Postal deposit accounts offered by building societies offer better rates than the accounts available through the High Street branches of the same societies. The cost savings produced by centralised administration for postal accounts are passed on to savers, with typical rates exceeding those for branch-based accounts by up to 1.5 per cent a year.

Basic and higher-rate taxpayers should consider opening a TESSA (Tax Exempt Special Savings Account) if they have not already done so. Since the introduction of TESSAs in January 1991, more than 4.2 million accounts have been opened, with more than Pounds 25.5 billion invested. Interest is paid free of tax if capital is left untouched over the five-year term. The maximum initial investment is restricted to Pounds 3,000. Savers are allowed annual top-ups of up to Pounds 1,800 provided the total investment does not exceed Pounds 9,000.

Fixed interest and index-linked certificates are available through National Savings, and both offer a tax-free return over a five-year period.

Secure though they are, deposit accounts, TESSAs and National Savings schemes are unlikely to produce the higher returns which are possible over the longer term with investments which contain real assets such as property and stocks and shares.

Direct investment in stocks and shares is risky even for the most experienced investor. Pooled investments such as investment trusts, unit trusts and investment bonds offer a safer route to the stockmarket as they provide the opportunity to invest in a very wide range of company shares in a single investment. Investment decisions are made by professional fund managers, although there are no guarantees with stockmarket investment.

Income and gains from unit trusts and investment trusts are normally subject to tax, but not when they form the underlying investment in a personal equity plan. Individuals can invest up to Pounds 6,000 in each tax year in a general PEP plus a further Pounds 3,000 in a single company PEP. More than six million PEPs have been taken out since they were introduced in 1988. The tax advantages are most beneficial to higher-rate taxpayers and capital gains taxpayers, but all investors can benefit from the lower charges resulting from the recent competition between PEP providers.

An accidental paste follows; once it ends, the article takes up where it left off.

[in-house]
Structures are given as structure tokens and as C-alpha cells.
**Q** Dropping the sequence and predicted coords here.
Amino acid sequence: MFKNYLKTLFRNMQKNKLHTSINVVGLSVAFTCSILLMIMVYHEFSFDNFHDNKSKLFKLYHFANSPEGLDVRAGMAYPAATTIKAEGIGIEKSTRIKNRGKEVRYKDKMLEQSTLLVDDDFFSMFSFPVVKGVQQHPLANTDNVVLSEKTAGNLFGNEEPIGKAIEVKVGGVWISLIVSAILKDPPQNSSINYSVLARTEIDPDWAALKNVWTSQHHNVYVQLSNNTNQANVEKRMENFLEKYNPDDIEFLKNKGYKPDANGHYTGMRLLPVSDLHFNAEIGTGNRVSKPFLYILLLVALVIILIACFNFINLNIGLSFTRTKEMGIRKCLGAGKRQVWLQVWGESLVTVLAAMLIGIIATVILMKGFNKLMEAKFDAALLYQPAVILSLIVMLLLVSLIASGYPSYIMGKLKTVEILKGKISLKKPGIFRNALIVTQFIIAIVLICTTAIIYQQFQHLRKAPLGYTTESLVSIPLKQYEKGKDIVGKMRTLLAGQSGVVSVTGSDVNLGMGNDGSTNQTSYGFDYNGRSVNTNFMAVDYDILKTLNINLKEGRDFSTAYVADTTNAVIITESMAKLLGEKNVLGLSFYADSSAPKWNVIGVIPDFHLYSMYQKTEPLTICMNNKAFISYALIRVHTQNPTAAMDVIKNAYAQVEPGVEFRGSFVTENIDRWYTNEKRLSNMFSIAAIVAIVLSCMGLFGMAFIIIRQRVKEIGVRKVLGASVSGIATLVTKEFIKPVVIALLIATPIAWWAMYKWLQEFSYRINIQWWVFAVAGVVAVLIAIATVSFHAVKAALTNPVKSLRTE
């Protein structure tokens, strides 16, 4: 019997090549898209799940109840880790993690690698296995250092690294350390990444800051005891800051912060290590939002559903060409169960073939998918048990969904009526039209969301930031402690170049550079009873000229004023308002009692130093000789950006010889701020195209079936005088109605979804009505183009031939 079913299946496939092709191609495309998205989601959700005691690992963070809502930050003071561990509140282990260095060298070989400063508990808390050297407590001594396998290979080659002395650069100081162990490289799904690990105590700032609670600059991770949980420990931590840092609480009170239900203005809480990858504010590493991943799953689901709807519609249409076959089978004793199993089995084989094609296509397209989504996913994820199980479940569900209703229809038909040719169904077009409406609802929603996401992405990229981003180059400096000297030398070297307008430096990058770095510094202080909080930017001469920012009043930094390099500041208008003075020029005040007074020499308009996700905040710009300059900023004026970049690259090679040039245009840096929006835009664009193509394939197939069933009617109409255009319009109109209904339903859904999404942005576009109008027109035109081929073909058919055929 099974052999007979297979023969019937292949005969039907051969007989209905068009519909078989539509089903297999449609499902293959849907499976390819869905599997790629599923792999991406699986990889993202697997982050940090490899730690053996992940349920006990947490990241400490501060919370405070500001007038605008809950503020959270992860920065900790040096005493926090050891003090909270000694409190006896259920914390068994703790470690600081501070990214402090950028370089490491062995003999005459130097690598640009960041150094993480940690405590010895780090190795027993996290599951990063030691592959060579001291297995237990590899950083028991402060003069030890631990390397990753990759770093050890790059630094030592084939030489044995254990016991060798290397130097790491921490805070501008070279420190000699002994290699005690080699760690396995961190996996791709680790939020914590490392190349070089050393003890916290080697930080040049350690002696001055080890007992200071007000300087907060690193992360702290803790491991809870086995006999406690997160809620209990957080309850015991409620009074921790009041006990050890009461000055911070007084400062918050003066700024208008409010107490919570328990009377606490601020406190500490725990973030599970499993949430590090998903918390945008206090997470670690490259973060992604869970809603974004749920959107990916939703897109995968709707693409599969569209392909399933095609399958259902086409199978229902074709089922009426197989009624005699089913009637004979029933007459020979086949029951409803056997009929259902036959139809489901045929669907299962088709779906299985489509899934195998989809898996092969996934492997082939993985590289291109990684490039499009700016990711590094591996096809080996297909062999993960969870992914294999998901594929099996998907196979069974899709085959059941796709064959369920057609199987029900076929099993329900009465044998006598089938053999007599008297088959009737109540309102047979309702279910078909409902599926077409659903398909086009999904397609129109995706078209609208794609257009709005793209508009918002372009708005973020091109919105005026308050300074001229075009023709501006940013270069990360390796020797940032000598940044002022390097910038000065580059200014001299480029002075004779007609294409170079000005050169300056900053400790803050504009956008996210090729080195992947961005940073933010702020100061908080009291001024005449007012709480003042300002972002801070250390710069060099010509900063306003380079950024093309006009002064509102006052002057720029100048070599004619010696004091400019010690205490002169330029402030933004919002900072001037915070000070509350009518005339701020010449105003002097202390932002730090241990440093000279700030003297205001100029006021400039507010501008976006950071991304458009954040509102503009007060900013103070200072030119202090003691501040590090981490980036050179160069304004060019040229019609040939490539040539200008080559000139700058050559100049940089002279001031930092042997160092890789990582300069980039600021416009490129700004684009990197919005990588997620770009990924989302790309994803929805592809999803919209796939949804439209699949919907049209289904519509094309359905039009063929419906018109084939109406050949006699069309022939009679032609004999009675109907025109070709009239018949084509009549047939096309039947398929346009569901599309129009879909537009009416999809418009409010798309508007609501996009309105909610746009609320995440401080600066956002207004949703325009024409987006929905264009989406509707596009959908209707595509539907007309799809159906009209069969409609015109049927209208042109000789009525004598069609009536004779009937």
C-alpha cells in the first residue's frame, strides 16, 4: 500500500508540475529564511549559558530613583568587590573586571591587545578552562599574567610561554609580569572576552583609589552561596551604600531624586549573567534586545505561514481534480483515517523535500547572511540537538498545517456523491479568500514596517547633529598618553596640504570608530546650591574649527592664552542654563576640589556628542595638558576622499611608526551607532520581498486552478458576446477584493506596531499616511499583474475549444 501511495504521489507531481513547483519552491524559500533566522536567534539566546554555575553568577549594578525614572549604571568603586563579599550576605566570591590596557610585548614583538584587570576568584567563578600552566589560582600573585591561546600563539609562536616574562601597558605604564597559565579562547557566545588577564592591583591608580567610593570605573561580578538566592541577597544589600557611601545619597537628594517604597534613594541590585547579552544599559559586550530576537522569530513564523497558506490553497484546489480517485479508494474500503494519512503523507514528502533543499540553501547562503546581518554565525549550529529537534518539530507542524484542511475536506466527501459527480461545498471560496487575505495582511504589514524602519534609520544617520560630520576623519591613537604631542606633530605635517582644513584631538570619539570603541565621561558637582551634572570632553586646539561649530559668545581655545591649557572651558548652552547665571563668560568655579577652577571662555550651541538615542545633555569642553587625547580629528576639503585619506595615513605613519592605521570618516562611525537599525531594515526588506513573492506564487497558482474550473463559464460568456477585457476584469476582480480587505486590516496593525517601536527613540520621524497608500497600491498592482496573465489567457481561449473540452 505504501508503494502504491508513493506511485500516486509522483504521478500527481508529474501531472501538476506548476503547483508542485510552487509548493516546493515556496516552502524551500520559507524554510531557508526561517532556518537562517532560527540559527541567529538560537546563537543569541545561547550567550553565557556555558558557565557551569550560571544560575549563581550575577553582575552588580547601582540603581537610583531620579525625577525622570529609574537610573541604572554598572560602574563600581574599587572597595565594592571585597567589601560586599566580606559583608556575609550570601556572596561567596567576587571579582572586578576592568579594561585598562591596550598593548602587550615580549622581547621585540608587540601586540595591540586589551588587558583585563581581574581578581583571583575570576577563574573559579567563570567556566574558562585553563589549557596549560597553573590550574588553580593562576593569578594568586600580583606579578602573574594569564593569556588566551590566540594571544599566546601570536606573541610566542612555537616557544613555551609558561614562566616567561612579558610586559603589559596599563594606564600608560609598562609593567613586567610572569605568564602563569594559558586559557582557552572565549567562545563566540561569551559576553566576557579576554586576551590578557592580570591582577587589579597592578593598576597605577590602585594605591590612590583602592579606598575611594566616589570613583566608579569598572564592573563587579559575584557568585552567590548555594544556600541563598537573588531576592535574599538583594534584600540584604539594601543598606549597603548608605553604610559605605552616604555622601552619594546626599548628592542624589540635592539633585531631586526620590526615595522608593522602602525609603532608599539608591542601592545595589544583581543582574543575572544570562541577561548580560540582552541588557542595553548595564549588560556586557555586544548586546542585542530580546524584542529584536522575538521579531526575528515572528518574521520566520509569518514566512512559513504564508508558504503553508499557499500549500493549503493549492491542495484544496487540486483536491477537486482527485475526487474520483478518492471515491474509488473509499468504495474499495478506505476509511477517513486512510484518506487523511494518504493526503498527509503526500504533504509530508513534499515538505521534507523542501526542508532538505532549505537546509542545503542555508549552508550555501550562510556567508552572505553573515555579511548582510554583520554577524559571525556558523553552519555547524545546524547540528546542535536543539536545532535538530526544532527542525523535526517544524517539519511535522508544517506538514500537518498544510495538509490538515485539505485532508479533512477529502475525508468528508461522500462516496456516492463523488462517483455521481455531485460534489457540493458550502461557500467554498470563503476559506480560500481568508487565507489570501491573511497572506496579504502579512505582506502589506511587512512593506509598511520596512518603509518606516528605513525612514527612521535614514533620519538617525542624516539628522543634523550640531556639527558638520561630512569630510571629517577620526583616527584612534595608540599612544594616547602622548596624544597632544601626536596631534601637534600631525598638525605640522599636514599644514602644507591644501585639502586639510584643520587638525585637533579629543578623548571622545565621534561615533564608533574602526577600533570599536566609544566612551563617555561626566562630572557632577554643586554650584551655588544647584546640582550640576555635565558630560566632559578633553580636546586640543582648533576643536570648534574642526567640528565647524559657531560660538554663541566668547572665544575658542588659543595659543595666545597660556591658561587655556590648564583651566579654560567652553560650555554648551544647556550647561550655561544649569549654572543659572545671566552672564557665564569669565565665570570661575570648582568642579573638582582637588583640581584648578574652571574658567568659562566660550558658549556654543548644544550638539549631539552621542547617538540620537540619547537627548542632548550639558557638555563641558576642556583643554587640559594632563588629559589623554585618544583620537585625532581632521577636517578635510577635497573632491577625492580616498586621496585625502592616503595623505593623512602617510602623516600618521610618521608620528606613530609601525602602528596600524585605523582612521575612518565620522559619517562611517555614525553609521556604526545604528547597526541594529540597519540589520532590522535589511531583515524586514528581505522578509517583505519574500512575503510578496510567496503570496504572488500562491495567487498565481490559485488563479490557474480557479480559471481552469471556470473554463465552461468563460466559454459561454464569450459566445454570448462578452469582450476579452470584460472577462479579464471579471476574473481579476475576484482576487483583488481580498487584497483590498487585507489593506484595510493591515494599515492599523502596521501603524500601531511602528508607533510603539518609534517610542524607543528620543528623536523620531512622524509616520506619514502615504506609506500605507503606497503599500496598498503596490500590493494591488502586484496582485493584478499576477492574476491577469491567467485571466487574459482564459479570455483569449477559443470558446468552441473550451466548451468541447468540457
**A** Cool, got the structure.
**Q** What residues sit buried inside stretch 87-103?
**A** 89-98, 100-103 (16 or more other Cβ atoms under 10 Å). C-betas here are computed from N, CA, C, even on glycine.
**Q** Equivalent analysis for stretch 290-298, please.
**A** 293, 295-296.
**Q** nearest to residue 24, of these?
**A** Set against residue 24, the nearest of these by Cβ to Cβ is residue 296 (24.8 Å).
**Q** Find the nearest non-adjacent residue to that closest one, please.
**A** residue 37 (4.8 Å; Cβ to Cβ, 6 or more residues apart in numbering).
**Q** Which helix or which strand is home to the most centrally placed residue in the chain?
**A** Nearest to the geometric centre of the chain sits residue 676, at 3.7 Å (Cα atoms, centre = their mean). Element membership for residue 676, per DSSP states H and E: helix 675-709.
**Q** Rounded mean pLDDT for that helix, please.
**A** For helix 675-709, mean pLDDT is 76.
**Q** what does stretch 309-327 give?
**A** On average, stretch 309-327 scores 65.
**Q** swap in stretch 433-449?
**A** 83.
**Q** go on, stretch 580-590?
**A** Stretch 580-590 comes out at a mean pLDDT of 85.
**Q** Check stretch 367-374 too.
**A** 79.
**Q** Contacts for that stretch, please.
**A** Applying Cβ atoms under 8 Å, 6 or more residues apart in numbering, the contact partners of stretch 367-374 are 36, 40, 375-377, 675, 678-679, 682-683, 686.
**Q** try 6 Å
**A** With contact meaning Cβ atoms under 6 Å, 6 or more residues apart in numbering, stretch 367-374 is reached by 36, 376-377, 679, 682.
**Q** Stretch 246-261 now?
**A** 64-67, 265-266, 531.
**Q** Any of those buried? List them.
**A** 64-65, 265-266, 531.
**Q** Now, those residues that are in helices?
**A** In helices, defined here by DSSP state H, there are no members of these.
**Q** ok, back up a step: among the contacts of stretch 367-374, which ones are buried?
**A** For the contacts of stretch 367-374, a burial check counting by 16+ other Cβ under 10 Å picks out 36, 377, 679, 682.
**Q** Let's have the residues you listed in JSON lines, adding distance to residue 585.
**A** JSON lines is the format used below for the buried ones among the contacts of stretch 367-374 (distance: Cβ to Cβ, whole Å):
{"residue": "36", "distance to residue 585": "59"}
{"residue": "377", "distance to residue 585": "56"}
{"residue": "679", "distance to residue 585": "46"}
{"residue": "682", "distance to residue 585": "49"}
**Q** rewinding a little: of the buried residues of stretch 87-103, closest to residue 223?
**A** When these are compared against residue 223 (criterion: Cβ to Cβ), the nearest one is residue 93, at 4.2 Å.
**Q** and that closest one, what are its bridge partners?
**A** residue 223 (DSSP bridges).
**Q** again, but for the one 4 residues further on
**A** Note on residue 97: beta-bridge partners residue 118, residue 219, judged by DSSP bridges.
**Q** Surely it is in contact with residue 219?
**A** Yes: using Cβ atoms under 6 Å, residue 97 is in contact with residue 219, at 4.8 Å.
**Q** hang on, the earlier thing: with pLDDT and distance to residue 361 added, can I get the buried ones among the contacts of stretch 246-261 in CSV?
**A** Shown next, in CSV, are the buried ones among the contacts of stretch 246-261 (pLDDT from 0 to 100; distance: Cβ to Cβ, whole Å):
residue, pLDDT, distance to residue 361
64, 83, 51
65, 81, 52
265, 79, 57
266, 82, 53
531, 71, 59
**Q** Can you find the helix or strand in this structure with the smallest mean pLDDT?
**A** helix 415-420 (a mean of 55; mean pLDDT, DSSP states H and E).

Managed investment bonds, available from insurance companies, can be used to provide income and capital growth over the medium to long term. The initial investment is used to purchase units in a fund which contains UK and international company shares, fixed-interest investments, property and cash. Units can fall in value as well as rise and more cautious investors might consider distribution bonds or with-profits bonds as alternatives for a steadier return.

These, then, are the main options. But it has to be said that no one type of investment gives everything we were looking for at the planning stage. Instead an investment portfolio which uses a mix of different types can meet all the planning objectives and offers the best protection against unforeseen changes in the future economy. There is no ideal investment strategy and the exact proportions of secure and asset-backed investments in the portfolio will vary according to your personal attitude to risk and the amount of capital to be invested.

John Chadwick is a development manager with Frizzell Life and Financial Planning